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* Professor Macleod became successively Sub-Principal and Principal of King's College. He was famous as a caterer for the College, his Highland connexions giving him great influence in the Western Islands. He died September 11th, 1815, aged eightyeight.-ED.

England would have been an unmeaning compliment; but the exception marked that the praise was in earnest, and, in Scotland, the exception must be Lord Mansfield or-Sir John Pringle."

He told me a good story of Dr. Goldsmith. Graham, who wrote “Telemachus, a Masque," was sitting one night with him and Dr. Johnson, and was half drunk. He rattled away to Dr. Johnson ⚫ "You are a clever fellow, to be sure; but you cannot write an essay like Addison, or verses like the 'Rape of the Lock." At last he said,* "Doctor, I should be happy to see you at Eton." "I shall be glad to wait on you," answered Goldsmith. No," said Graham, "'tis not you I mean, Doctor Minor, 'tis Doctor Major there." Goldsmith was excessively hurt by this. He afterwards spoke of it himself. Graham," said he, "is a fellow to make one commit suicide."


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We had received a polite invitation to Slains Castle. We arrived there just at three o'clock, as the bell for dinner was ringing. Though, from its being just on the North-east Ocean, no trees will grow here, Lord Errol has done all that can be done. He has cultivated his fields so as to bear rich crops of every kind, and he has made an excellent kitchen-garden, with a hot-house. I had never seen any of the family; but there had been a card of invitation written by the Honourable Charles Boyd, the Earl's brother.† We were conducted into the house, and at the dining-room door were met by that gentleman, whom both of us first took to be Lord Errol; but he soon corrected our mistake. My lord was gone to dine in the neighbourhood, at an entertainment given by Mr. Irvine, of Drum. Lady Errol received us politely, and was very attentive to us during the time of dinner. There was nobody at table but her ladyship, Mr. Boyd, and some of the children, their governor and governess. Mr. Boyd put Dr. Johnson in mind of having dined with him at Cumming, the Quaker's, along with a Mr. Hall and Miss Williams; this was a bond of connexion between them. For me, Mr. Boyd's acquaintance with my father was enough. After dinner Lady Errol favoured us with a sight of her young family, whom she made stand up in a row. There were six daughters and two sons. It was a very pleasing sight.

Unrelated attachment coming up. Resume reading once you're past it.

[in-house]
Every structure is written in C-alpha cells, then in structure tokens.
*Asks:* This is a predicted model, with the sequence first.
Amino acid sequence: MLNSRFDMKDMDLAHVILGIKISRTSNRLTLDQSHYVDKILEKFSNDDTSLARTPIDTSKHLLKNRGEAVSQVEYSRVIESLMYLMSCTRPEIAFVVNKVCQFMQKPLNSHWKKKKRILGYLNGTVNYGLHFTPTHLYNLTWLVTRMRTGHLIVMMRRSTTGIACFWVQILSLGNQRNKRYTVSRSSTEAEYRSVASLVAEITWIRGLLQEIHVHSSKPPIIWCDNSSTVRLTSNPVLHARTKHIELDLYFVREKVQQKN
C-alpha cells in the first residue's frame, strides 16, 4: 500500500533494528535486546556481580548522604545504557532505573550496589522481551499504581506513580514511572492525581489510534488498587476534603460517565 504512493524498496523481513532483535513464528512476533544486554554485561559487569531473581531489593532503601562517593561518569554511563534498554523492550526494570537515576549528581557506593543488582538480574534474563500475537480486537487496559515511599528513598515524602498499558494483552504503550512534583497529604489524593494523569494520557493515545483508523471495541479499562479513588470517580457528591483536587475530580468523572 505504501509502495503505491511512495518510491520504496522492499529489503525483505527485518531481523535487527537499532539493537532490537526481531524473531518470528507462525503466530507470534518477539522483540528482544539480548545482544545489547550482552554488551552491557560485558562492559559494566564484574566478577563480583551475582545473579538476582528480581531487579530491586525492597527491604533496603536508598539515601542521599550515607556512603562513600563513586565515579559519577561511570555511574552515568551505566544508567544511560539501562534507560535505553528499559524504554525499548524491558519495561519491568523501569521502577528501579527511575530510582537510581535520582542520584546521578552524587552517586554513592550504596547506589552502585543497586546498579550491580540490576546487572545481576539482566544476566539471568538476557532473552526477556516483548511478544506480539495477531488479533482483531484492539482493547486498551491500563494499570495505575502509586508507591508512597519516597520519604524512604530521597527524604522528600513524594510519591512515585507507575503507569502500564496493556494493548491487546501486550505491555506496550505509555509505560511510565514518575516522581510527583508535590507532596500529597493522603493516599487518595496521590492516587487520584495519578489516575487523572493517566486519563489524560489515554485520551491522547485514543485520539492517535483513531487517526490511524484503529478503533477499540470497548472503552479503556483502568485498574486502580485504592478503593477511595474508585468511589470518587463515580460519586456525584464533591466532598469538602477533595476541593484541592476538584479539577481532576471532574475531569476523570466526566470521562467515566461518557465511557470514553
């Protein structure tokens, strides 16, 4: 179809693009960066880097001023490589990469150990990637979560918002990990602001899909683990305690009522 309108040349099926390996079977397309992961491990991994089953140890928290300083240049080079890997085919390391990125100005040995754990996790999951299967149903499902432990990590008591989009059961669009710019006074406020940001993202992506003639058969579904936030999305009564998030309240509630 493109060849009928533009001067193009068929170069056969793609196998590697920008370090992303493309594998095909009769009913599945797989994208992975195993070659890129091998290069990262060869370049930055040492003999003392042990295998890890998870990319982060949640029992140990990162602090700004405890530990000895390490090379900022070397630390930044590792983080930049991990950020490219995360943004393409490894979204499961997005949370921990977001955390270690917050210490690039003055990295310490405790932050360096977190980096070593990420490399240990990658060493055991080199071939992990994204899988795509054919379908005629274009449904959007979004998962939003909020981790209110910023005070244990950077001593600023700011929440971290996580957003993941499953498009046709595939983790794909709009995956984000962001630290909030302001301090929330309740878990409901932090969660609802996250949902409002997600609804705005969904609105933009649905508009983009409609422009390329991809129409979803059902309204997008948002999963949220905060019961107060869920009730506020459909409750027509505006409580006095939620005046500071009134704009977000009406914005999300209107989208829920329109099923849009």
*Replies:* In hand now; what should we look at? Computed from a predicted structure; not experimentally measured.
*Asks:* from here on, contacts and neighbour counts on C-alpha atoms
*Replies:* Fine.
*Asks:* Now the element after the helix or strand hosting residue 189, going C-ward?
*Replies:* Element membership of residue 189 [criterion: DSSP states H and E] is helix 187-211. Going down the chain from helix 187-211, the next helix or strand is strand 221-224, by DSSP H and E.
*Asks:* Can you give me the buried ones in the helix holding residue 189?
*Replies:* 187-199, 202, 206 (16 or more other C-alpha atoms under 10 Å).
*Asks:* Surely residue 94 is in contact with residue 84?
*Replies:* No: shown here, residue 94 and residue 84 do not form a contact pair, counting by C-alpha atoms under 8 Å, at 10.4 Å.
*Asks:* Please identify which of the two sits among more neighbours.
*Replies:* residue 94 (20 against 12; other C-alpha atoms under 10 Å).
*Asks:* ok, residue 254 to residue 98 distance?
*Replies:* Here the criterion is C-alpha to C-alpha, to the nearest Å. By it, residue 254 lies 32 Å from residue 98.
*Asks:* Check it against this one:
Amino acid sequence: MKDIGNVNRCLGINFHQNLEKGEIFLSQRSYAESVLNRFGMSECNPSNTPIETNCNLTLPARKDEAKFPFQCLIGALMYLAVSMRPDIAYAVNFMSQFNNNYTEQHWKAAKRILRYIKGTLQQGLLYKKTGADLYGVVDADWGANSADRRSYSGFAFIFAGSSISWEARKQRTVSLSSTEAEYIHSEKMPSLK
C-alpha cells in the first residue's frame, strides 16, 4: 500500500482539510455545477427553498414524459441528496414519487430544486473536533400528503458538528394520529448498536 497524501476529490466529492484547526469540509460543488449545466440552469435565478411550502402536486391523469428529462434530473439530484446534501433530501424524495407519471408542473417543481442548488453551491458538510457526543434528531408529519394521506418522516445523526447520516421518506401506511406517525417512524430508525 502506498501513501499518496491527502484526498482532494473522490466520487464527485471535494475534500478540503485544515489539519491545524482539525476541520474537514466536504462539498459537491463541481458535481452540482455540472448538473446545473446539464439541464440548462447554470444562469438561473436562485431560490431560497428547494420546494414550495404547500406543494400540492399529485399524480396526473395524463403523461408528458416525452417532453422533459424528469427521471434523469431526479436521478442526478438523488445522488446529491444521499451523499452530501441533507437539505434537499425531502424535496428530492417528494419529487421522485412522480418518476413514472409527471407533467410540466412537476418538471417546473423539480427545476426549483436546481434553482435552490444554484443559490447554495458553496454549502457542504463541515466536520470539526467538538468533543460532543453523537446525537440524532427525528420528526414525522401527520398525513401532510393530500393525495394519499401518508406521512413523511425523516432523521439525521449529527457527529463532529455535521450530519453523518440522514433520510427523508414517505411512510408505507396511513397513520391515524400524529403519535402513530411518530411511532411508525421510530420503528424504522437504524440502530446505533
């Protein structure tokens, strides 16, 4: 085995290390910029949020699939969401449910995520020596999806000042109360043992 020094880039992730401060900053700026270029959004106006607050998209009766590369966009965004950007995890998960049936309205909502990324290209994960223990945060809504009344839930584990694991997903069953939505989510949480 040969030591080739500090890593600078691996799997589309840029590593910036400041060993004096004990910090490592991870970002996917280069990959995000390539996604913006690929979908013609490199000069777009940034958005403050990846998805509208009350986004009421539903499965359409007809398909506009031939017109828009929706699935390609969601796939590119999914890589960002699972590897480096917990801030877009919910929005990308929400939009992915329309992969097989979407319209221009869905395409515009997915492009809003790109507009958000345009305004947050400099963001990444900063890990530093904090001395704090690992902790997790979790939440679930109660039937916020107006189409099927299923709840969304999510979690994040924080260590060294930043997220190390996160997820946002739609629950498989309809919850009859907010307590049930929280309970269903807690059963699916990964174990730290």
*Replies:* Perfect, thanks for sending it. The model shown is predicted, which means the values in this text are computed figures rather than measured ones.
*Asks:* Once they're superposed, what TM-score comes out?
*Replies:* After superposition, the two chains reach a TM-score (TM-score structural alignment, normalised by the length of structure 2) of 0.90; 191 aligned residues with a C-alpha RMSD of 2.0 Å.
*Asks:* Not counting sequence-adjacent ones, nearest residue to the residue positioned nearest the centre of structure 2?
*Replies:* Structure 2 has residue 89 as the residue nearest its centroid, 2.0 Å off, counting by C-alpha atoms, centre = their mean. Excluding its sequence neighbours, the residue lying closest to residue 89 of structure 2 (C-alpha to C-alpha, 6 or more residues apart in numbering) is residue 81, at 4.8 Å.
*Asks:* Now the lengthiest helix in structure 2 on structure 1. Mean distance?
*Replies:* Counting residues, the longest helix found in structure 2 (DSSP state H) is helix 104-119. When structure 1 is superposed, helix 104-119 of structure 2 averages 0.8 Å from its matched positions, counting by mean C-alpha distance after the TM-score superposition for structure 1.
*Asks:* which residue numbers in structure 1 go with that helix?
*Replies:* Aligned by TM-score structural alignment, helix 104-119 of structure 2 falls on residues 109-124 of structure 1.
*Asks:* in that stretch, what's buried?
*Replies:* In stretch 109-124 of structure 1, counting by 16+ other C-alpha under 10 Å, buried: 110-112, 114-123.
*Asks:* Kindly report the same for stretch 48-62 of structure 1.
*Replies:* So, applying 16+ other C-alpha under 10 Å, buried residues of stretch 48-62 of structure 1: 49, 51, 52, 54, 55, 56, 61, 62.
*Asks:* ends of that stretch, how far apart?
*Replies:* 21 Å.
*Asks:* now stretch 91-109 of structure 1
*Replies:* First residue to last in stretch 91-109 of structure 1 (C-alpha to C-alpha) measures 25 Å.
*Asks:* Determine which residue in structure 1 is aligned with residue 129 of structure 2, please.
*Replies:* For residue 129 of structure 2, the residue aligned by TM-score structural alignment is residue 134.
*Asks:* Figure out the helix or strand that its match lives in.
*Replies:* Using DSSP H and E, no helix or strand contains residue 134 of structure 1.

Dr. Johnson proposed our setting out. Mr. Boyd said he hoped

I am sure I have related this story exactly as Dr. Johnson told it to me; but a friend who has often heard him tell it informs mc that he usually introduced a circumstance which ought not to be omitted. "At last, sir, Graham, having now got to about the pitch of looking at one man and talking to another, said, Doctor, &c. "What effect (Dr. Johnson used to add) this had on Goldsmith, who was as irascible as a hornet, may be easily conceived."-BOSWELL.

This is explained by Johnson in a letter to Mrs. Thrale. When he was at the English church in Aberdeen he was espied by Lady Di. Middleton (daughter of the Earl of Stamford, and wife of Mr. Middleton, of Lenton), who mentioned the circumstance to Mr. Boyd, and hence the invitation to visit Slains Castle.-ED.

we would stay all night; his brother would be at home in the evening, and would be very sorry if he missed us. Mr. Boyd was called out of the room. I was very desirous to stay in so comfortable a house, and I wished to see Lord Errol. Dr. Johnson, however, was right in resolving to go, if we were not asked again, as it is best to err on the safe side in such cases, and to be sure that one is quite welcome. To my great joy, when Mr. Boyd returned, he told Dr. Johnson that it was Lady Errol who had called him out, and said that she would never let Dr. Johnson into the house again if he went away that night; and that she had ordered the coach to carry us to see a great curiosity on the coast, after which we should see the house. We cheerfully agreed.

It gave me setting forth